Rig Locator Blues: 3 Things to Know before Installing GPS Units on 1,800+ Rigs

Everyone wants a reliable rig locator.

Drillinginfo clients are no different.

We dabbled with the idea of creating one for quite some time until one hot summer day back in August of 2012.

A planning meeting convened and little did we know, the list of roadblocks that would try to prevent the DI Rig Locator from becoming the first successful product in Drillinginfo’s 2.0 platform was pretty darn long. But, while it wasn’t easy, we got it done.

Rig Locator War Stories

Among the more interesting things to happen over the 6 months leading up to the launch of DI Rigs, 3 events in particular stand out. Grab some popcorn and enjoy.

  1. Well, Fires DO Happen! – A recent phone call from one of our GIS QC Techs to the contact person at one of the drilling companies we have partnered with went a little something like this: GIS QC Tech, “Hi, we’ve noticed the GPS device on your rig hasn’t reported in over 7 days. We have a policy to follow up on this. Do you know what could be wrong with that device?” Contact Person, “Let me check. Hold on a second while I pull the information up. Looks like we’ve got a note here about some kind of problem at the well site…Uhhh, yeeeah…it says here that that the well blew up last week. No one was hurt, but it looks like your GPS device didn’t survive the explosion. Does that answer your question?” QC Tech, “Oh wow! Yeah, that’ll do it.” Needless to say, we replaced the device.
  2. Man, Some of These Rigs Really get Around! – As we began to acquire several weeks worth of locational information from the rigs scattered about the U.S., we started to notice some of them seemed to jump around pretty fast, and there wasn’t always a permitted well within 1,000 feet. “What’s going on here?” said our GIS QC Tech responsible for helping to discover inconsistencies in the reported locations. “Why is the rig sitting stacked in a yard out in West Texas one day, and then in the middle of Interstate 10 just west of San Antonio the next day? There’s not a well within 10 miles,” she said. “Not sure. Let’s flag it and check it tomorrow,” said our product lead. The next day we checked it as part of our QC process. “Well, now it’s on a drill site down in the Eagle Ford. Must have been eastbound and down, 55 and trucking yesterday!” We’ve seen rig locations just off the highway before, but never on the highway! At least, not yet.
  3. Set It and Forget It – What happens when you install a lithium battery powered GPS device on something that moves around more quickly than Burt Reynolds running from the law in Smokey and the Bandit? What happens when many of the roads they travel are, let’s say rugged and not always well maintained? (No, really, these things do get around. See #2 above.) But back to the question here, and more importantly the answer. You can bet the battery won’t last forever, no matter how well-built the devices are, and they might sometimes just “disappear” into a ditch on the side of the road somewhere in Dimmit County, Texas. Bottom line – batteries fail and devices disappear. Fortunately, we’ve got an extensive team built around monitoring them on a daily basis. We check battery life and plan for replacement before the device fails. We also have an extensive QC process that alerts us so that we can detect when a device isn’t reporting for some unknown reason. While we would have liked to think we could just strap these bad boys on a rig and reap the everlasting rewards, simply maintaining the units is a full-time job – of more than one person!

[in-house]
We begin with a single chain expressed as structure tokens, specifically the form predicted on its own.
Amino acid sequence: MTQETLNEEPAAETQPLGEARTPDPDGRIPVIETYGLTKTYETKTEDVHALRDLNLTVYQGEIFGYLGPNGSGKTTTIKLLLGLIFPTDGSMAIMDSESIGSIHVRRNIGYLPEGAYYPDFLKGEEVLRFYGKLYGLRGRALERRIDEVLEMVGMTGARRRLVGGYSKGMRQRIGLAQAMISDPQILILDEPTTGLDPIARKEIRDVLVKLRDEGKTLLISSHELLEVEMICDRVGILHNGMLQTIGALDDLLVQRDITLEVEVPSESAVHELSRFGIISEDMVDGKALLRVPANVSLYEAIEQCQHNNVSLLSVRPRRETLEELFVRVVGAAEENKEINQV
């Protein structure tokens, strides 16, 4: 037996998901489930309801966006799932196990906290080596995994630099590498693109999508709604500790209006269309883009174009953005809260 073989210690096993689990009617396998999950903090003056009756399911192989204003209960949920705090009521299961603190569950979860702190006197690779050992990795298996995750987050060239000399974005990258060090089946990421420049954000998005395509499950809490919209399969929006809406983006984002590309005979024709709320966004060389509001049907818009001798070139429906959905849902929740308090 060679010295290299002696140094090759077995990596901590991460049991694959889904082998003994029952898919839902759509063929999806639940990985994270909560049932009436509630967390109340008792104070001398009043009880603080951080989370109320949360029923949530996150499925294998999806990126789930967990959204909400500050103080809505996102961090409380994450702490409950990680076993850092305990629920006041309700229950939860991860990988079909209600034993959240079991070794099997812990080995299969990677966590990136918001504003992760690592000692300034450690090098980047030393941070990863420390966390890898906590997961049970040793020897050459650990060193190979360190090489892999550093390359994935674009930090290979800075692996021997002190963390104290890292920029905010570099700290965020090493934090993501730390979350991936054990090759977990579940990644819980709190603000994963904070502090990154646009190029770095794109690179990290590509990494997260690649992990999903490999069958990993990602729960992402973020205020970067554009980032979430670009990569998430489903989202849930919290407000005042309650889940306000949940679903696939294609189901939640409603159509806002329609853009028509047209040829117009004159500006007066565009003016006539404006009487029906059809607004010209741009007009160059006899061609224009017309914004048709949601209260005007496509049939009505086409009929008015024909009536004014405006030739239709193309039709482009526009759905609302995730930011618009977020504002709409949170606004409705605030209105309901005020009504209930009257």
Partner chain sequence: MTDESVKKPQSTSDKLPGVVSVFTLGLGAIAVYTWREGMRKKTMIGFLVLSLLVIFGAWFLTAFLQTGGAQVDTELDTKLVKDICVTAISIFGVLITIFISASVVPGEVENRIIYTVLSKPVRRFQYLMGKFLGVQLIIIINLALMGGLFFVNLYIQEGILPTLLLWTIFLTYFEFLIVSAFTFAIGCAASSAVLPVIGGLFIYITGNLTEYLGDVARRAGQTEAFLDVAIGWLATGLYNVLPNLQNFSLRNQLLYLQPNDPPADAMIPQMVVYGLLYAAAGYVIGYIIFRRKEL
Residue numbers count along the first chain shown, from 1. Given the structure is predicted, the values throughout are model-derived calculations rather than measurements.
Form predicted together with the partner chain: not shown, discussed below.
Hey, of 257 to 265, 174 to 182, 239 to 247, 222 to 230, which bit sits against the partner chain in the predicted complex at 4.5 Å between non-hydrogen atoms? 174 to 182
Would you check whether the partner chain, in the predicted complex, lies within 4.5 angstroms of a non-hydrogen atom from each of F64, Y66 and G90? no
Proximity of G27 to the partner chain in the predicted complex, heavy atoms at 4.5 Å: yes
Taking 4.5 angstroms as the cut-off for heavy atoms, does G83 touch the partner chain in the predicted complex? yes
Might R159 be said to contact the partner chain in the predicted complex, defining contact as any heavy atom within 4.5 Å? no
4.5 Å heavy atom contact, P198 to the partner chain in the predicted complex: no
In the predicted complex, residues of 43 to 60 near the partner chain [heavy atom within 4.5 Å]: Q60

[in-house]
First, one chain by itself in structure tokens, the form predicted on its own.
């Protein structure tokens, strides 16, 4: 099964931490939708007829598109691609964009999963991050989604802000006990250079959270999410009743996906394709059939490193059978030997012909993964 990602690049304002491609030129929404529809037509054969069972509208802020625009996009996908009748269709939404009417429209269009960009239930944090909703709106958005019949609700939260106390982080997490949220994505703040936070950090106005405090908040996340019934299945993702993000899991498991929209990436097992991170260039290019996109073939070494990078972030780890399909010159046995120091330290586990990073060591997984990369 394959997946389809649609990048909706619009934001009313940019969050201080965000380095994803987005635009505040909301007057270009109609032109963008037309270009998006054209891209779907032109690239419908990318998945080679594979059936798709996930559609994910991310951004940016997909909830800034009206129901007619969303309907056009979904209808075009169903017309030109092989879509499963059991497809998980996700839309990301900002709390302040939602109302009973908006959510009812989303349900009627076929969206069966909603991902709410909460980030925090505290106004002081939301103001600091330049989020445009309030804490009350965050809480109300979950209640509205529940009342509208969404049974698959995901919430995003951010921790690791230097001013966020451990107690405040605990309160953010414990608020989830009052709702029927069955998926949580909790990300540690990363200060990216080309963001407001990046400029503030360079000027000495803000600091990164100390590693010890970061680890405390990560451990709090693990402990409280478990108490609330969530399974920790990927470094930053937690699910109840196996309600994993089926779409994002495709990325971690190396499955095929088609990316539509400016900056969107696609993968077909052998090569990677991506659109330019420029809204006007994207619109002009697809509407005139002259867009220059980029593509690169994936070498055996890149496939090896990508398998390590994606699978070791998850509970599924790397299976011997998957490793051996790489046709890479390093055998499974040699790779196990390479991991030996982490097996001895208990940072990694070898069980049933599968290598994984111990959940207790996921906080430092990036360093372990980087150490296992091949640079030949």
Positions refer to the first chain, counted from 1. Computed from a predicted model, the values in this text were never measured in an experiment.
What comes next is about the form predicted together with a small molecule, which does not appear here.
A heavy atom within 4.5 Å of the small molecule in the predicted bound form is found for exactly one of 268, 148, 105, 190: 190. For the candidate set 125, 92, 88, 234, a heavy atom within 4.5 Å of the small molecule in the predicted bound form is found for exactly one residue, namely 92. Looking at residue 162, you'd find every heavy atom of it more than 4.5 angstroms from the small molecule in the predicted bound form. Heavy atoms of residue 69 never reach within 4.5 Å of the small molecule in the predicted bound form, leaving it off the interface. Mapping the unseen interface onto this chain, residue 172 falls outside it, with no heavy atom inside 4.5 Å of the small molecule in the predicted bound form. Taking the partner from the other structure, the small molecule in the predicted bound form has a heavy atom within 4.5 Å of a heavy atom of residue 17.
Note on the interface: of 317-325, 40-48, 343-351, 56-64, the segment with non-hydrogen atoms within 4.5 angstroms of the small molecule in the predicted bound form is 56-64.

The compiled data is a work-in-progress and needless to say there was a lot involved in bringing the product to life. You can see the first generation release on our website now. Just login and click the blue “DI Rig Locator” button at the top of the page.

We’ve received many great ideas from you, our customers, on how to improve upon this exciting new dataset. You can look forward to the next phase of Rigs 2.0 in the months ahead to incorporate many of your suggestions.

Your Turn

In the meantime, let’s keep those ideas comin’ in! What would you like to see in the next DI Rig Locator release? Please, leave a comment below.

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Dale Emrich

Dale Emrich is Director of GIS Content at Drillinginfo. He currently oversees a 36-person GIS team. They are responsible for mapping metes and bounds legal descriptions for the LandTrac Product Suite. His team also delivers the DI Rigs product on a daily basis. He has over 20 years of GIS and Oil & Gas / Environmental industry experience. Dale received his Bachelor’s with a focus in Petroleum Land Management from the University of Texas at Austin.
  • James Stobaugh

    I agree Dimmit county has a lot of bad roads, I’m from Dimmit and still here

  • York M. Hwe

    Hi Dale
    We design GPS tracker for vehicle. It is interesting to see how tracker is being used in your industrial. I would like to share our experience with you at point 2 and 3.

    On #2, we tried a new GSM module with intergraded GPS (lower cost and power consumption) in our design and we see the result you descripted (location drifted miles away). We stay away from the new GSM module and put the GSM and GPS as isolated as possible in our hardware design.

    On #3, we keep check of the battery voltage, it is not difficult to set a threshold for the voltage, check and send alert either from the tracker device, or from the server.

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